Nuclear testing in the Marshall Islands
From 1946 to 1958, the U.S. Government tested at least 67 nuclear weapons in the Marshall Islands, including the Bravo, which was 1,000 times more powerful than the bomb dropped in August 1945 on Hiroshima, Japan. Much of the plutonium used in these nuclear weapons came from the Hanford processing facility in central Washington.
Of the tests done in the Marshall Islands, 43 were conducted at Enewetak, where the Clean-Up Veterans were sent to contain the resulting radiation and to make it safer for the local population. During the testing, the U.S. Government relocated the people of Enewetak to a Navy ship in the open ocean for three months, as well as to Ujelang, a nearby atoll, where they experienced hunger and other adversity.
After the Clean-Up Veterans constructed the Runit Dome to contain radiation, the U.S. Government declared that Enewetak could be resettled by the Marshallese people. There are resettled populations on Enewetak living close to the Runit Dome who remain concerned about residual radiation and other toxins on their home islands.
Decades after the people thought the environment had been "cleaned" by the U.S., the U.S. revealed that only 1% of the plutonium from the nuclear tests is contained in the Runit Dome and 99% of it is in the lagoon and on the islands. The Clean-Up Veterans have been critical in providing important information to the Marshall Islands leadership about contamination on the islands, information that the Republic of the Marshall Islands (RMI) Government never received from the U.S. Government—information the resettled Marshallese community never knew.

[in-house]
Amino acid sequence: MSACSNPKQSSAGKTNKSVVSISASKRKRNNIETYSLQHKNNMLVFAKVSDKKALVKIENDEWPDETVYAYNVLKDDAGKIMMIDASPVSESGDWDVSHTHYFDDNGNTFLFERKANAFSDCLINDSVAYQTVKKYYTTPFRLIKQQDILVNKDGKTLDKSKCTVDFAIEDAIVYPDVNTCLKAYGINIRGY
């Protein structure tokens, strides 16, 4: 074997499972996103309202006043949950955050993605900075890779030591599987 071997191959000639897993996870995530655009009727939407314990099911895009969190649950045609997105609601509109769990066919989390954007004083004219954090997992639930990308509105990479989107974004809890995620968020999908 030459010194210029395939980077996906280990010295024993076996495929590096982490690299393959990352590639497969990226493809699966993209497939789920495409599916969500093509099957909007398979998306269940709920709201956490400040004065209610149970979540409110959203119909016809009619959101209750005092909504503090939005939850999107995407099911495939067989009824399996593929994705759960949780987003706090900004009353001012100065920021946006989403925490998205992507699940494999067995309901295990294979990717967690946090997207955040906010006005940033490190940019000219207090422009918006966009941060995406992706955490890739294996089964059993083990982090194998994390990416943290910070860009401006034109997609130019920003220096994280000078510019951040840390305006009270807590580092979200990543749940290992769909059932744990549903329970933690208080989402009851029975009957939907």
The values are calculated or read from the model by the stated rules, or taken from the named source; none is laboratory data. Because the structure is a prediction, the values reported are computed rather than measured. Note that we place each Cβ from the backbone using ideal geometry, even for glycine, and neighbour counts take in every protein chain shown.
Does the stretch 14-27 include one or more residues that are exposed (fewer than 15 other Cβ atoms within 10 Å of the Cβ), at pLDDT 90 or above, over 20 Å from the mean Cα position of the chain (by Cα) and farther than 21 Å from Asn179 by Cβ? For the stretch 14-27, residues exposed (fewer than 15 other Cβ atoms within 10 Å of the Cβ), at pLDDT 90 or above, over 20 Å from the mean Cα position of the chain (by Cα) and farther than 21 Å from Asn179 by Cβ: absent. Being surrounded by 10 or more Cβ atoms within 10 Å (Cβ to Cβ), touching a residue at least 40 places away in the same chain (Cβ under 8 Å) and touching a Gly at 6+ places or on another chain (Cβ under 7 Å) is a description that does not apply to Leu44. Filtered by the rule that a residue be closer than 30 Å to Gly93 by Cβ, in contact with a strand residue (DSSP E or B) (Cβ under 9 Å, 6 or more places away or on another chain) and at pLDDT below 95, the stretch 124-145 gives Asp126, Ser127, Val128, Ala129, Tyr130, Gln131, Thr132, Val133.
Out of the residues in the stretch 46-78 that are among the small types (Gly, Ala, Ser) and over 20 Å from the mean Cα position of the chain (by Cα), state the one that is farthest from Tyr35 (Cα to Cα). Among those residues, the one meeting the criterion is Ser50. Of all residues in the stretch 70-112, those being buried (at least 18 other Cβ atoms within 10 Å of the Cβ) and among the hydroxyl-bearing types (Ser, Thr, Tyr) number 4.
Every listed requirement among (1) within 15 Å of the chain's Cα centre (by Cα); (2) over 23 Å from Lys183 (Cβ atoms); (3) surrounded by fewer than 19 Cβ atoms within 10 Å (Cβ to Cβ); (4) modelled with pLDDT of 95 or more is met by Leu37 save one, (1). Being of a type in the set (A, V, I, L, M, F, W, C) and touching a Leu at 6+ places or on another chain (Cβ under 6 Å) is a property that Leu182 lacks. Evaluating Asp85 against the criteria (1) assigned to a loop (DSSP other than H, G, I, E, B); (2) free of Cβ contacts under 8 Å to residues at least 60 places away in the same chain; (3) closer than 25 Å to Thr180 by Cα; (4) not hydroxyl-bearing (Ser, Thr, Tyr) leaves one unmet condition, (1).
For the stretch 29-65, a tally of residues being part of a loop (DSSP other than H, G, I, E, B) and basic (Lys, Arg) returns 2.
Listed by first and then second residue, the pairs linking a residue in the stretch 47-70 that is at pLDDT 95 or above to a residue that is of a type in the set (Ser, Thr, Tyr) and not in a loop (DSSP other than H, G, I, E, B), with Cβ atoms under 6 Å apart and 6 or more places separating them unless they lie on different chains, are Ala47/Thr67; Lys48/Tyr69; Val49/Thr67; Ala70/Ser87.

Marshallese community members who have cancer and other illnesses connected to exposure to the plutonium that was processed in Hanford are now coming to Washington state for medical care that is not available in the RMI.
Through all of this, Clean-Up Veterans and members of the Marshallese community have built a close family from their shared tragedy, looking to each other for support and friendship.
"I served in the US Army. We were sent to the Republic of the Marshall Islands to clean up the most contaminated islands in the world from the United States Government testing of 43 nuclear bombs that released radiation that may be there for a few thousand more years! Many of us have become sick and many more have died from their exposure to the radiation and toxins that we were exposed to in our military service during the cleanup. But our government refuses to admit that we were exposed and recognize us as radiation exposed veterans so the Veteran's Administration will accept us and treat us for our ailments and compensate our families for their losses. This man in the picture with me was taken too soon from his exposure and his family and brothers miss him! RIP brother!!"